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ODRA – Object Database for Rapid Application development

Description and Programmer Manual

 

 

by Marcin Daczkowski, Tomasz Pieciukiewicz and the ODRA team

 

13. Web Services Backend and Frontend

ODRA makes it possible to accept web services as ODRA procedures (backend) and to create new web services at top of ODRA applications (frontend). Actually, all features of web services are hidden from the ODRA programmer. After some adaptation he or she may perceive any web service as an ODRA procedure, being totally unaware of all the XML wrapping and specific web service protocols such as SOAP. This creates a lot of opportunities that in the Web Services terminology are called as “choreography” and “orchestration”. Any composition and any mode of calling web services are possible, including synchronous and asynchronous calls, storing and processing results of services and combining web services with processing on the ODRA side . Moreover, regular ODRA objects can be parameters of web services and any response from a web service is automatically converted to the ODRA store and query result model. ODRA makes it possible to create a new web service. Together with other ODRA functionality, such as queries, imperative constructs, procedures, classes and updaptable views this creates a very powerful mechanism that allows for any composition of web services, virtualisation of web services and many other options that are considered in the literature.

 

13.1 ODRA Web Services Proxies

 

ODRA provides native support for consuming web services. The Web Services Proxies mechanism allows to include volatile and external data into a database.

Interaction with remote services is achieved through strongly typed stubs. They are realized as regular database objects. That makes them transparent for database – any its mechanism can be applied to the stubs. For example, they can profit from query, type checking and authorization of database features. That makes remote and local resources interaction very similar from the developer’s point of view.

Currently ODRA proxies support subset of WS-I BP 1.1 compliant web services. They can be used to consume only those of them, which are developed with the “document/literal” style. Both “wrapped” and “bare” dialects are supported and are detected automatically.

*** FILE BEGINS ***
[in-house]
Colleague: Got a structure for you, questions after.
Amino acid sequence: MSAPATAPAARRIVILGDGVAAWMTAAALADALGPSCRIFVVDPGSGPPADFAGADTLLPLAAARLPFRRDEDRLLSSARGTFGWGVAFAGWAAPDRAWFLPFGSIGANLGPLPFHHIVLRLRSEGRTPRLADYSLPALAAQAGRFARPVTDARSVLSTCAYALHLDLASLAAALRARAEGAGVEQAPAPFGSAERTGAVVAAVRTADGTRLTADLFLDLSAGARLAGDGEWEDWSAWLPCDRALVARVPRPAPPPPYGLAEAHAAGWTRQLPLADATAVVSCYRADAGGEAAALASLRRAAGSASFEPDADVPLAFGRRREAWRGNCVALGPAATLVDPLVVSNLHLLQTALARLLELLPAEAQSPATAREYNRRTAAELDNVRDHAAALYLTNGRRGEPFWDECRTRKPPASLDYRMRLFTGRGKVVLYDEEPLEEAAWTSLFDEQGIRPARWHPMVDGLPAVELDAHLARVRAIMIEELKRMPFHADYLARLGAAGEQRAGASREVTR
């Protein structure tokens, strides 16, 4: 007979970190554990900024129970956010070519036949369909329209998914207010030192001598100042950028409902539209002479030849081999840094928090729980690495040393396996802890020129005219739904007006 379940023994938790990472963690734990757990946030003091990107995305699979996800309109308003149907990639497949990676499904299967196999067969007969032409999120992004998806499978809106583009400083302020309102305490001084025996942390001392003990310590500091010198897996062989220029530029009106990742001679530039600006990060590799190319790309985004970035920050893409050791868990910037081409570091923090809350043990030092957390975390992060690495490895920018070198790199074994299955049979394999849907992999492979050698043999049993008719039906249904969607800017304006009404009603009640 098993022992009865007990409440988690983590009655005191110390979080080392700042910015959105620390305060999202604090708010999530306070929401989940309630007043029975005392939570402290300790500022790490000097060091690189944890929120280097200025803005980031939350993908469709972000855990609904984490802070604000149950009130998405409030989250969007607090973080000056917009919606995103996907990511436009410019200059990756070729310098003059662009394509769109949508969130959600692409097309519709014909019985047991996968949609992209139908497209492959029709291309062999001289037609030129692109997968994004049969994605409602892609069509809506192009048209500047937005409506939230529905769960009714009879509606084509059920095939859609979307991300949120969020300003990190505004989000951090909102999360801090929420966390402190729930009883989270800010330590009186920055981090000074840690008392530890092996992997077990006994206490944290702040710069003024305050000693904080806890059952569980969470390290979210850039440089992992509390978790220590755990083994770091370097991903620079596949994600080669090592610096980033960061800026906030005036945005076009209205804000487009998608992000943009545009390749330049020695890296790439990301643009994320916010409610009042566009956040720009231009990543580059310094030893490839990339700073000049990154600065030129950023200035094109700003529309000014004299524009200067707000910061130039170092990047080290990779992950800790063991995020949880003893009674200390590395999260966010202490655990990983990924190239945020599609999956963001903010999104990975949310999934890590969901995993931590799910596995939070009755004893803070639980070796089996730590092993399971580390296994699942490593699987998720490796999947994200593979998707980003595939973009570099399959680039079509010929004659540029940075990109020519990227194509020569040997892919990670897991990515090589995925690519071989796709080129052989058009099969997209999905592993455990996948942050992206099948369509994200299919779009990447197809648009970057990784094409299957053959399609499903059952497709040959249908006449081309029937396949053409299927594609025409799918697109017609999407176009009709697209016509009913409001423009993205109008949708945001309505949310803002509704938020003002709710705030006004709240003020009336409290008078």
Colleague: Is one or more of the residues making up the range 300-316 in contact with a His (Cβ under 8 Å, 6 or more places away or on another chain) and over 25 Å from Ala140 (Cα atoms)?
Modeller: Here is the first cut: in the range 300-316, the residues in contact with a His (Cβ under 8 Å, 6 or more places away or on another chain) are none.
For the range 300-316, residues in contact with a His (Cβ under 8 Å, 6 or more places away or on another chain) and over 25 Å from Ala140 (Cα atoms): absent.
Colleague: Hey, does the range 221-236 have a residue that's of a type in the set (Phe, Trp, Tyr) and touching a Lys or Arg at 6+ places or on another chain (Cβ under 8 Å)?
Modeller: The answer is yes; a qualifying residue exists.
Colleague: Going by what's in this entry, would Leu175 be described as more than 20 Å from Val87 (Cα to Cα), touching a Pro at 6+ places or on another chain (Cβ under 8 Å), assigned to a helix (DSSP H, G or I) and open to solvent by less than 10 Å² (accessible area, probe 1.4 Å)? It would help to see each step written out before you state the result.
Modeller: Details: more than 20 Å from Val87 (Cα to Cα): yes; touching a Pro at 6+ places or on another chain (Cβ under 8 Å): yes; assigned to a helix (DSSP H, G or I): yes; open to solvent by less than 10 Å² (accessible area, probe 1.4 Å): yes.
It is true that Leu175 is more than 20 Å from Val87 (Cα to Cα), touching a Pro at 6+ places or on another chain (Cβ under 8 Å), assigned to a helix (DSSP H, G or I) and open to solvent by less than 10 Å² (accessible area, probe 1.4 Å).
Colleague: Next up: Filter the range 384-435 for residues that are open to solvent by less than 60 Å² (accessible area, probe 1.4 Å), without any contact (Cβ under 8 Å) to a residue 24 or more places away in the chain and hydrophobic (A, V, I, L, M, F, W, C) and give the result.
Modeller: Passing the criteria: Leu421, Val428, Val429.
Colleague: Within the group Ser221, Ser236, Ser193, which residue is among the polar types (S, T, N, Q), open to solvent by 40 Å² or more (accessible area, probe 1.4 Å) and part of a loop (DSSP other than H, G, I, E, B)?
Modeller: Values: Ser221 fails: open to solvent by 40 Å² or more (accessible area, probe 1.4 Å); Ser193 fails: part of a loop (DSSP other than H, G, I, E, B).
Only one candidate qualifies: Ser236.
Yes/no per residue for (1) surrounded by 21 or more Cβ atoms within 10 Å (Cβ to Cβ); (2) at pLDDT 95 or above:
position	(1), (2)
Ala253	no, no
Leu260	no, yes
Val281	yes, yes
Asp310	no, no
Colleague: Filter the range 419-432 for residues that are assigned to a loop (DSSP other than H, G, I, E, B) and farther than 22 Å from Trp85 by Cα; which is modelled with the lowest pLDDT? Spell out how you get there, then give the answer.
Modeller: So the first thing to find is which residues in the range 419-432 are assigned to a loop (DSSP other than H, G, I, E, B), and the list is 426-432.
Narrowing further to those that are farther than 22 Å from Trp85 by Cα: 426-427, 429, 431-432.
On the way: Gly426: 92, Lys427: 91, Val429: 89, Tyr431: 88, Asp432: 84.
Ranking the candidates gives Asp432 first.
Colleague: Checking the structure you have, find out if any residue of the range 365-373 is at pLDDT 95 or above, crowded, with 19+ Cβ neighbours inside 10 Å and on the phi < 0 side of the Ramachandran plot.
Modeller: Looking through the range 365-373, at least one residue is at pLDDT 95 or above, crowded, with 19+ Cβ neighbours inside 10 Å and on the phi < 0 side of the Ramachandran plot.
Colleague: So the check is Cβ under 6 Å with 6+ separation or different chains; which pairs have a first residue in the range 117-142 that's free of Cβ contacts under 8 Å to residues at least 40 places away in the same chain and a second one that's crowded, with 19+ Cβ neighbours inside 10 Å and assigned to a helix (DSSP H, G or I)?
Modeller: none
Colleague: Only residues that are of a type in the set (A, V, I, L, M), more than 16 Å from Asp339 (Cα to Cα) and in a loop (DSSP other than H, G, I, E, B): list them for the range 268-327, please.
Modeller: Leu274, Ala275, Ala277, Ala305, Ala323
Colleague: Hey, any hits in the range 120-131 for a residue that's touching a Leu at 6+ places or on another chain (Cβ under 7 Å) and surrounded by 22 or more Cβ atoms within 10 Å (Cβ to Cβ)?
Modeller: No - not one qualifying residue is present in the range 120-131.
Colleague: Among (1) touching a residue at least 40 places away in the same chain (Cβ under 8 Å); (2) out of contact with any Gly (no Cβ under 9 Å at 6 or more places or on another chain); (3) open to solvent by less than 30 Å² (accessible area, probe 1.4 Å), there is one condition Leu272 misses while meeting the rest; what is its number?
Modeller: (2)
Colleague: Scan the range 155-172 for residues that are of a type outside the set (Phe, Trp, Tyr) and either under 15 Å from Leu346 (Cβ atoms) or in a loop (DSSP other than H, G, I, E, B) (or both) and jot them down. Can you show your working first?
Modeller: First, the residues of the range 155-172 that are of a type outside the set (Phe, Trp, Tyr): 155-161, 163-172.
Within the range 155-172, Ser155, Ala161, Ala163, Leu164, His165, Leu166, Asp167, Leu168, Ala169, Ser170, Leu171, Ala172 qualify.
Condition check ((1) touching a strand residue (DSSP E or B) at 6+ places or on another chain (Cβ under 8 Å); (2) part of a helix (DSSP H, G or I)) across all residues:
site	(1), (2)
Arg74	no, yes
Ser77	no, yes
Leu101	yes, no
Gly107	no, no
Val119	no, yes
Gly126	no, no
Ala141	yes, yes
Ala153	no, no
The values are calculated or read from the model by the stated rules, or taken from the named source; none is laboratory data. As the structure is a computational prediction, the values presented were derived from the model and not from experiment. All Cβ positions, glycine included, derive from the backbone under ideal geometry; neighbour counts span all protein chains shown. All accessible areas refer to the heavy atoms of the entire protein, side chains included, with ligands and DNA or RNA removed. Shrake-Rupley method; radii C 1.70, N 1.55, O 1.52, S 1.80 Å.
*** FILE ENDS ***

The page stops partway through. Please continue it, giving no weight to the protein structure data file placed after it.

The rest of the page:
13-1. Web services proxy for the Stock Quotes example

 

In order to create a new proxy module the user needs to use the following DDL command:

add module proxyName as proxy on "contractUrl"

 

Options for this command are described in the following table:

Table 13-1. Create proxy command options description.

Option name

Allowed values

Description

proxyName

any valid database object name

Name of module which will be created

contractUrl

URL

Determines an object to expose. Currently it can be a procedure or class name.

Because a proxy module (from developer perspective) is a regular database object, the standard module deletion command can be used to remove it:

remove module proxyName

Below we present example of a proxy usage scenario. Consider creating proxy for the stock quote web service:

add module StockProxy as proxy

on "http://www.swanandmokashi.com/HomePage/WebServices/

StockQuotes.asmx?WSDL"

After creating the above, the programmer may use the generated stub to make remote calls. Note that remote calls are mixed with standard query constructs. For example calling:

(GetStockQuotes("MSFT,YHOO,GE").GetQuotesResult.Quote

 where (real) StockQuote > 25 ).(CompanyName, StockQuote);

It will end up with a similar result to the following output:

bag{

  struct{

    "MICROSOFT CP"

    "30.49"

  }

  struct{

    "GEN ELECTRIC CO"

    "38.12"

  }

}

13.2 Web Services Dynamic Invocation Interface

 

ODRA includes the support for stubless, dynamic invocation of web services. Realized as a part of an external method call interface, it allows the user to create a document that is sent to a webservice during runtime, creating any valid XML structure. Returned results may be consumed like results of any other SBQL query.

Currently the interface supports a subset of WS-I BP 1.1 compliant web services. They can be used to consume only those of them that are developed with the “document” style. Utilization of the interface requires knowledge of the web service’s interface.

In order to make a DII call, the user has to initialize a new web service object first:

external new_webservice (namespace,endpoint_url,wsdl_url, operation_name);

The addfield_webservice function adds a new tag to the document. It accepts three parameters: integer identifier of the service object, integer identifier of the parent tag (the document tag has ID=100) and the name of the added tag. It returns the integer identifier of the added tag. For example:

external new_webservice ("http://sample/","http://localhost:8080/SampleApp/

SampleService", "http://localhost:8080/SampleApp/SampleService?wsdl", "sampleOperation");